First of all, I'd like to share an especially interesting link given to me by my friend Elizabeth -- an interesting debate on the "paleolithic diet" from the perspective of four "experts" in various anthropologist and biology fields.
GOOD -- Ask the Experts: Is the "Paleolithic Diet" Really Better?
What I took away from this is that while the opinions were differing, there seemed to be a broad general agreement that one size does not fit all and that generalizations are often not factual.
"Leonard: In the modern, industrial world, we have become ever better at creating diets that are dense in calories and don’t require a lot of energy to procure them. No one recommendation is going to fit everybody, so the challenge is to find what works for you individually, and, at the same time, what fits the broad nutritional requirements of our species."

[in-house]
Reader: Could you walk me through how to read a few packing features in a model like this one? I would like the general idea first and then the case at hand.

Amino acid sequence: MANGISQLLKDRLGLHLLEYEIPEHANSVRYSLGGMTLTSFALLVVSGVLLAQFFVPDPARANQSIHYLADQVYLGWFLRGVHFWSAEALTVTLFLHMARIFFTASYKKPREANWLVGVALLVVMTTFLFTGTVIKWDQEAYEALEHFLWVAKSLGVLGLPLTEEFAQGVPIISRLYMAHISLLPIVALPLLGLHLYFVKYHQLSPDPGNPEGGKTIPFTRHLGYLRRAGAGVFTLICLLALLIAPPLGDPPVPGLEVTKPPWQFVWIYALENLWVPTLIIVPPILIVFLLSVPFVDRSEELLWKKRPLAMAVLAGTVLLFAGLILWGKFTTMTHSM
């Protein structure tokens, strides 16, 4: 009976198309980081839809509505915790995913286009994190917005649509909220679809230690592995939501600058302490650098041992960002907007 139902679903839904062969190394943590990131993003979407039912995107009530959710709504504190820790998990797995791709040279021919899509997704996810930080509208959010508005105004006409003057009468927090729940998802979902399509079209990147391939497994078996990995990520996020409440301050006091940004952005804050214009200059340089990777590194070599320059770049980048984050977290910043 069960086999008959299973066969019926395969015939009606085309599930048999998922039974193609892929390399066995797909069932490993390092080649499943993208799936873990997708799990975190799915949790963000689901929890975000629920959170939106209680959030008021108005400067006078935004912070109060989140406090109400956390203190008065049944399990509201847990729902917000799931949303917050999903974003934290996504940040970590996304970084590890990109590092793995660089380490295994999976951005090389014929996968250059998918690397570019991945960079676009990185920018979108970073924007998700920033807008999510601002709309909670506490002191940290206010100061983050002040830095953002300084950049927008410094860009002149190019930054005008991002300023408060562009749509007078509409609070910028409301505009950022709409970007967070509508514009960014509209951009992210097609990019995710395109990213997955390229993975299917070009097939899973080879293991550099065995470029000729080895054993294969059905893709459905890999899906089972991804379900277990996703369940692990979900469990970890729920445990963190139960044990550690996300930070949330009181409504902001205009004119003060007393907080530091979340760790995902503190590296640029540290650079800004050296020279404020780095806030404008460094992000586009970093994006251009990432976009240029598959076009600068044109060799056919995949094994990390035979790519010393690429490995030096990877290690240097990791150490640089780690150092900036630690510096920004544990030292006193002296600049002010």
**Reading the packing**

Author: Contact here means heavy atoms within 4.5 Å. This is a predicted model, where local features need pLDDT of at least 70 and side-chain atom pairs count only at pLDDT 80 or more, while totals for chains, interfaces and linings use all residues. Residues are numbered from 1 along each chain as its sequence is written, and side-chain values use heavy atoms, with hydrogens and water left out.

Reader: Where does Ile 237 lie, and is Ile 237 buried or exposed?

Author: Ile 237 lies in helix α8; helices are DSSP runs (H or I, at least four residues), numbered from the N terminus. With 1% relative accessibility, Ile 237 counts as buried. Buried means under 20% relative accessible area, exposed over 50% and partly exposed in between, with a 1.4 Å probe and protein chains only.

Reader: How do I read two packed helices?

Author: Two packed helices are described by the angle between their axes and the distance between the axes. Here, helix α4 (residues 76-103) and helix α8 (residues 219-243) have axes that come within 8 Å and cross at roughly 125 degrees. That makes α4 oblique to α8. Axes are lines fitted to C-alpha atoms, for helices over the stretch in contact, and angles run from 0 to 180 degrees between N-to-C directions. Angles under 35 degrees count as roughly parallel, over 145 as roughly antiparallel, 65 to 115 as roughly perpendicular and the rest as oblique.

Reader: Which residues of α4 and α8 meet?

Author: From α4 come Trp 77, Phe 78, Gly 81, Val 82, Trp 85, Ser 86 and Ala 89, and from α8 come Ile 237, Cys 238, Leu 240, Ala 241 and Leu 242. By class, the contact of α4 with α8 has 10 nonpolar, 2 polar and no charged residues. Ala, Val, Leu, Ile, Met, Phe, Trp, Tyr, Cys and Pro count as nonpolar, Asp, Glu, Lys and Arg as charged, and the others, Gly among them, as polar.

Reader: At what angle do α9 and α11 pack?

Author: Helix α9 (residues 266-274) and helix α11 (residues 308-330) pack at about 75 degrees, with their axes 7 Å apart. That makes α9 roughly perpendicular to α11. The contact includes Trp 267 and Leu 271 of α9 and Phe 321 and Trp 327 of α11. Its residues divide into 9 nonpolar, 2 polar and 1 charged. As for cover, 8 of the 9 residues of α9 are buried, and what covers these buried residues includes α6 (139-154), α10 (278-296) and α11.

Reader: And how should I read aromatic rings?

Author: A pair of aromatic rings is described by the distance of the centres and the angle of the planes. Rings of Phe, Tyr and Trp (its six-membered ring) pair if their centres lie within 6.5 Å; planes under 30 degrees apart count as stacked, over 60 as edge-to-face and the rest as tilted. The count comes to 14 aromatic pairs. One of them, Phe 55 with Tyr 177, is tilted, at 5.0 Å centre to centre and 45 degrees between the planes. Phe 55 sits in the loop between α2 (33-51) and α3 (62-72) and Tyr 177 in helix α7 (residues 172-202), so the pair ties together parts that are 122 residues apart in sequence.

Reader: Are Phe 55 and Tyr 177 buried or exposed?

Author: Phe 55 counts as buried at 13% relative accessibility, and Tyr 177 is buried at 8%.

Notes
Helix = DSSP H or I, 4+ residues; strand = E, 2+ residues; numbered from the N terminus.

"Leonard: Although there’s an extraordinary range of variation, based on the climate and the environment, hunter-gatherers get a fair amount of meat in their diet. We require a diet that is more energy-dense than other primates and historically, we may have reached that point by incorporating more meat. It’s reflected in evolutionary changes in our face, our teeth, and in our gastrointestinal tract. Indeed, the GI tract of modern humans looks more like a carnivore's than a large primate's. Because early humans increasingly used tools to hunt, we don't show the same kinds of dental adaptations as modern carnivores."